Digital Industry Group sets up subcommittee about disinformation

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The Digital Industry Group (DIGI), an industry group that includes Australian subsidiaries such as Facebook, Google, and Twitter, has set up a subcommittee. The subcommittee will make decisions on the 11th on complaints about disinformation. Digital Industry Group sets up subcommittee about disinformation:

Moreover, the Australian Government said yesterday, that it is considering a wide range of steps to hold social media (SNS) companies accountable for slanderous injuries on its platform.

In addition to that, DIGI has stated that the establishment of a subcommittee indicates. That the industry is actively promoting self-regulation over the issue of slanderous comments. The industry has already agreed on a code of conduct for disinformation. Besides, it wants to further strengthen the code of conduct through independent expert oversight and public accountability. Digital Industry Group sets up subcommittee about disinformation:

Additionally, the subcommittee established this time consists of three members. We aim to respond to complaints about violations of the Code of Conduct through our public website. We do not accept complaints about individual posts.

Furthermore, the Code of Conduct includes taking measures against disinformation that adversely affects public health, such as the new coronavirus.

Further, DIGI states that, if a company that violates the Code of Conduct is found, it may disclose information or cancel its membership.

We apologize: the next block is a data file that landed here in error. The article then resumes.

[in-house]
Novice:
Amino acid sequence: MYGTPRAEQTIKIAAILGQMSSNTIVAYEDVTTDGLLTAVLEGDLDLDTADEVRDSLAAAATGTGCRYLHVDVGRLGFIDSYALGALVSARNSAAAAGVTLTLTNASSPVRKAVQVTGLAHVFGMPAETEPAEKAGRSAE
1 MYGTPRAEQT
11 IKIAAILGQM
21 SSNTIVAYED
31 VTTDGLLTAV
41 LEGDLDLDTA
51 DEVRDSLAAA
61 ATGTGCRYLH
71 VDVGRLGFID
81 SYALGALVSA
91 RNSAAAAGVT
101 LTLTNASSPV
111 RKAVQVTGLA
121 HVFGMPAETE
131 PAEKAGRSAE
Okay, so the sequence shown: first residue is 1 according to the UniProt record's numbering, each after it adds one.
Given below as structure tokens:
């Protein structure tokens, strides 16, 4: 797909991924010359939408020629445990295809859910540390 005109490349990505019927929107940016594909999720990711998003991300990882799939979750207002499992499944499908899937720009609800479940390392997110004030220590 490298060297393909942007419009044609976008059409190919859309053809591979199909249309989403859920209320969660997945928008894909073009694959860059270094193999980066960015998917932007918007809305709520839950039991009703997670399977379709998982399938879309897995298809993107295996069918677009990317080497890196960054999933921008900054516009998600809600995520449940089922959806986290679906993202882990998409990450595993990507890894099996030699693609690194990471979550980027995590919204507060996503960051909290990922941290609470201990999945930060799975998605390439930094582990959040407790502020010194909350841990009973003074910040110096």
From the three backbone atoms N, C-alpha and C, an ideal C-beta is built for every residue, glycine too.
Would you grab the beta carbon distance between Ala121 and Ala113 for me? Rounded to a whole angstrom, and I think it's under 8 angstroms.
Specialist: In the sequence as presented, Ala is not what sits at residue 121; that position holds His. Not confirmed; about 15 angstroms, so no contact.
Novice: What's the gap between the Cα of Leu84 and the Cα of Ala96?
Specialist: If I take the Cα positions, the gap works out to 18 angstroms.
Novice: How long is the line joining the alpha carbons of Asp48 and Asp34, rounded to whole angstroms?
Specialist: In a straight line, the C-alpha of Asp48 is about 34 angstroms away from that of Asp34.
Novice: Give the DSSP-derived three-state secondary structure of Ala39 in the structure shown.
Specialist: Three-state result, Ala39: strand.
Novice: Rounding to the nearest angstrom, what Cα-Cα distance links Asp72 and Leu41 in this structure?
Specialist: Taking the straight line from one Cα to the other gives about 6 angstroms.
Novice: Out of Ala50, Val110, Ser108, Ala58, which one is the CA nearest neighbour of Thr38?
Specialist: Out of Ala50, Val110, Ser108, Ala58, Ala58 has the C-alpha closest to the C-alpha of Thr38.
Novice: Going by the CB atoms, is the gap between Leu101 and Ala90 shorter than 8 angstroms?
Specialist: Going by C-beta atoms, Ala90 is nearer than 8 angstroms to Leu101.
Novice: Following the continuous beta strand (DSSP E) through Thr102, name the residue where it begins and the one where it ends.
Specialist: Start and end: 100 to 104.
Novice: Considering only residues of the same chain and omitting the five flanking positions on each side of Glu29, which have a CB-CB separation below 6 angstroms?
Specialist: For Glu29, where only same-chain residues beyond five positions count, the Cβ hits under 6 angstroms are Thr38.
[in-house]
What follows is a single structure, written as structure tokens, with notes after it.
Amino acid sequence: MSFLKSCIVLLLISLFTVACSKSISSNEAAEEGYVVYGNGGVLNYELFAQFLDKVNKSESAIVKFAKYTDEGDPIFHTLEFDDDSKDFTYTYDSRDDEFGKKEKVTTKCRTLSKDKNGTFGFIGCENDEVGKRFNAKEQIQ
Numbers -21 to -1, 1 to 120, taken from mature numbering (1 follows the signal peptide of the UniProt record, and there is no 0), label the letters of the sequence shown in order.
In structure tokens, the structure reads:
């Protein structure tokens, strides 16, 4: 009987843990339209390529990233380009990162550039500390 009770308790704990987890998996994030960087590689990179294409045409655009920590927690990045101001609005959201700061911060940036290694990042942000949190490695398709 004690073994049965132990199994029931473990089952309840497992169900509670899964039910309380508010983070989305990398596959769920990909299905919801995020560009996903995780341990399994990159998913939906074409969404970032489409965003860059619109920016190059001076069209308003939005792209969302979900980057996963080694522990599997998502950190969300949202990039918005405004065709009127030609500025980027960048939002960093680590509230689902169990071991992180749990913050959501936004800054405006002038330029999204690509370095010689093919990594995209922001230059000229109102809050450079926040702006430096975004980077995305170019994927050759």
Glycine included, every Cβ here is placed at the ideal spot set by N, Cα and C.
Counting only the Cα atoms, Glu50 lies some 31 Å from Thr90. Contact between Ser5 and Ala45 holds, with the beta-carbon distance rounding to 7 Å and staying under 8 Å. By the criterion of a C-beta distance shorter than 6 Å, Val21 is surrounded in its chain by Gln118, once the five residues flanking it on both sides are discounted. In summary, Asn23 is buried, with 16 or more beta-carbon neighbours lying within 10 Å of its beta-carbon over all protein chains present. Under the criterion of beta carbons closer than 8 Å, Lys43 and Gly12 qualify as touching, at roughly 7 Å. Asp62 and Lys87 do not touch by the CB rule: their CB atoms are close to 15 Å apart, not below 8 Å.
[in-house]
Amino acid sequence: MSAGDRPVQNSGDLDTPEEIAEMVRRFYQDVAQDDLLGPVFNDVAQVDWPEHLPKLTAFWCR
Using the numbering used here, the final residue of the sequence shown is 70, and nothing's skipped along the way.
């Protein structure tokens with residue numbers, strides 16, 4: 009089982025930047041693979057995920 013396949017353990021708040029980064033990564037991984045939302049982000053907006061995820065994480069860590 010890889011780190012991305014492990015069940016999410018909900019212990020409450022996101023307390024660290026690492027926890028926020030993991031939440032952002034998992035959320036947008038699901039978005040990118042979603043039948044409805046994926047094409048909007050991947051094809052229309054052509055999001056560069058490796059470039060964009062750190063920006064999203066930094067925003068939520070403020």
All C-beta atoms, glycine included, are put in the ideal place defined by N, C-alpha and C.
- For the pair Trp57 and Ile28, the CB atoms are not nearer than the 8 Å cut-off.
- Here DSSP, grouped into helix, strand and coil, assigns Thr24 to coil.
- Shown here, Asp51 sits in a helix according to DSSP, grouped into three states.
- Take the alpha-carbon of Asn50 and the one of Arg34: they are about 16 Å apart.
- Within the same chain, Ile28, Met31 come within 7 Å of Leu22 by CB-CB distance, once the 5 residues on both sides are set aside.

Reset Australia, which is investigating the impact of technology on democracy. Also, acknowledged that the DIGI measures were inadequate with no penalties. Bitcoin will creep up towards its real goal:

Professor of English Literature and Intellectual History, Faculty of English, University of Cambridge Professor Stefan Collini is the Professor of English Literature and Intellectual History in the Faculty of English at the University of Cambridge. His research focuses on the relationship between literature and intellectual history from the early 20th century to the present. His current research focuses on the cultural role of, and the historical assumptions expressed in, literary criticism in Britain from c.1920 to c.1970. Recent work has dealt with the question of intellectuals in 20th-century Britain, the relation between academic critics and 'men of letters', the role of cultural criticism, as well as individual essays on figures such as T.S. Eliot, F.R. Leavis, George Orwell, Raymond Williams, and Richard Hoggart. He has also done work on the history, and public debates about the role, of universities in Britain.
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